Goofy, nollie, fakie, switch.
Commentators have had their work cut out for them explaining the ins and outs of the Olympic Games’s newest entrant: skateboarding.
The world’s best street skaters have rocked the Tokyo Games with an escalating suite of tricks to deliver some of the youngest medallists in Olympic history.
It’s a watershed moment for skateboarding and a strange sight for many skaters, given the very look and feel of modern skateboarding was forged by its law-breaking heroes.
Act two of the skateboarding’s Olympic debut gets underway next week, when the men’s and women’s park skaters will drop into the Ariake bowl.
Amar Hadid, 22, has had the Olympics in her sights for years.
At the newly-opened Sydney Park skate park, Hadid makes light work of Sydney’s deepest park course, a 3.3 metre-deep flow bowl with features that sound like they’ve been plucked from a skeleton: plenty of spines, hips and gaps.
Watching her lines is Hagan McCreath, a veteran coach who has also trained Australia’s park skating frontrunner, Poppy Starr Olsen.
In the bowl, Hadid transitions from soaring airs over the park’s jutting concrete hips into grinds along the metal coping at the bowl’s edges.
“We just do small gains each time, maybe just adding speed, 5 centimetres at a time,” says McCreath.
“If you’ve done 10 attempts at 5 centimetres higher each time, then you’ve added half a metre, which is pretty good.”
Tricks in Hadid’s repertoire, which she planned to use at the Olympics, include inverts, Indy airs and feeble grinds.
An invert is a standard hand plant on the edge of the bowl.
Hadid plants her back hand on the coping so that she is balanced upside down on the lip of the ramp.
Her front hand holds the inside edge of her board, right between her feet, tucking it tight.
In competition, judges look for a quick pause of the trick at its apex to demonstrate style.
Some variations on an invert see the skater’s hand reach for different edges of the board.
To make her way down from the invert, Hadid aims back down to the bowl.
She finds the transition (wall) and rolls away.
The Indy air is a classic trick among Hadid’s favourites.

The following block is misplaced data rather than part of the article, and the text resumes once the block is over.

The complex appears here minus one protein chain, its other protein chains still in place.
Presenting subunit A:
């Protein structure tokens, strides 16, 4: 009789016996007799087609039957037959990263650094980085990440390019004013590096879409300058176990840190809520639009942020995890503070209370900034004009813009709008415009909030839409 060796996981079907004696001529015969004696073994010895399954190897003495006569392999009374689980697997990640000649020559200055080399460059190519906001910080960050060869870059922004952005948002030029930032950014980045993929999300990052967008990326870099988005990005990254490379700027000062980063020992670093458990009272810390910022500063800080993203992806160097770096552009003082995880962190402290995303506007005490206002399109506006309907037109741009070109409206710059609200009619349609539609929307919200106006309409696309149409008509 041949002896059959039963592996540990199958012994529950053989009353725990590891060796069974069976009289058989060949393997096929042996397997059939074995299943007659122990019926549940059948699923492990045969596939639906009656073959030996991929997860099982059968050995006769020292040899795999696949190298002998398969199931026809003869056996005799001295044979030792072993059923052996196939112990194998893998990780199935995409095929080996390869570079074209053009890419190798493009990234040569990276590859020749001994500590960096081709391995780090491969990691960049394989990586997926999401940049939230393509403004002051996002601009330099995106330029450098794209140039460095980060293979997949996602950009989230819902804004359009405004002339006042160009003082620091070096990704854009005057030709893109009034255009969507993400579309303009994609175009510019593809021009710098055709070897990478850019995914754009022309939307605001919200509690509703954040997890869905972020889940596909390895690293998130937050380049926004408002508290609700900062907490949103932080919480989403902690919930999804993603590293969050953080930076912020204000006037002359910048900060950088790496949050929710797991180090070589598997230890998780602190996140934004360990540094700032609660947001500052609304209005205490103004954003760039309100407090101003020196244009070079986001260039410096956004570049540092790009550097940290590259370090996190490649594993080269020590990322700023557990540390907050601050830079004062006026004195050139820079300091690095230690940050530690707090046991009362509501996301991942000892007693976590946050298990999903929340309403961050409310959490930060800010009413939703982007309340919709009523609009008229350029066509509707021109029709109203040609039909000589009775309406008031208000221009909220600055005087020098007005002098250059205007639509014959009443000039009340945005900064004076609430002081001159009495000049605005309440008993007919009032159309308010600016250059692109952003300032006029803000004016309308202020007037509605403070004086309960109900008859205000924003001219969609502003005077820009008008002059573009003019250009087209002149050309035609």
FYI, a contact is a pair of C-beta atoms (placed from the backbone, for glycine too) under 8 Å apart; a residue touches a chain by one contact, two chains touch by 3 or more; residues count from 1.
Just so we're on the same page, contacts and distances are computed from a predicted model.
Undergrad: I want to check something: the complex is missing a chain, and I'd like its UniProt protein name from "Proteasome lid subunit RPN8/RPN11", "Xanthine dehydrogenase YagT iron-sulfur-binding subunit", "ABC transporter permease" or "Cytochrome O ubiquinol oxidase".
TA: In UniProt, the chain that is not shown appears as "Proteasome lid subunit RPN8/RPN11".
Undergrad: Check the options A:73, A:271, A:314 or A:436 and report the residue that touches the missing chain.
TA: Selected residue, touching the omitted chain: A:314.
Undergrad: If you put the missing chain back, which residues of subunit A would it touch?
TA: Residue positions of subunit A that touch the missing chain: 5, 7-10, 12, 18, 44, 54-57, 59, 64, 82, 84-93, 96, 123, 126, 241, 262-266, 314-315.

Here she ollies (jumps) over the bowl’s hip, reaching over her back shin to grab the toe-side edge of the board between her feet.
Judges look for height in the air and a solid grasp of the board, giving style points for a tucked back knee.
Here she reaches almost a metre above the coping line.
To perform a feeble grind, Hadid’s board must slide along the bowl’s metal edge using the metal trucks that hold the board’s wheels.
Only the rear trucks of her skateboard grind, while the nose and toe-side edge of her board extends over and above the coping.
Judges look for how long a skater can hold the grind along the coping while maintaining good body positioning, as well as how fast they can go in and out of the grind.
It’s important for a competition skater to have a number of grind variations in their run.
Skater Todd Swank pioneered this grind in 1986, thinking it a “feeble attempt” at creating a new trick.
However, it’s a notch more difficult than the standard “50-50” grind, in which both front and rear trucks connect with the coping.
Road to Tokyo
All the action will take place at Tokyo’s Ariake Urban Sports Park next week. The venue has been built for the first Olympic skateboarding contest, featuring both a “park” course and a “street” course — two very different skate disciplines.
On one side, the park course features a steep concrete bowl that recalls the drained swimming pools in which “vert” (vertical) skating was established in the Venice Beach area of Los Angeles during the mid-1970s.
On the other side, the street course mirrors urban settings around the world — a playground of stairs, handrails, kerbs and benches to resemble a city streetscape.
Each course is almost twice the size of a standard competition course.
The park course bowl ranges from 1.5 to 3 metres deep in sections, with rails and hips for grinds and lip tricks, plus tall extensions for big airs.
In the middle, an “island” and a “volcano” offer skaters infinite possibilities to transfer walls, build speed and change direction.
Skaters under the age of 18 — and there are more than a few — will be required to wear a helmet.
Park skaters are allowed three 45-second runs to pull off a sequence of tricks above the edges and gaps of the bowl.
Five judges give each run a rank out of 100: the highest and lowest scores are dropped with the three remaining scores for a skater’s best run forming their final score.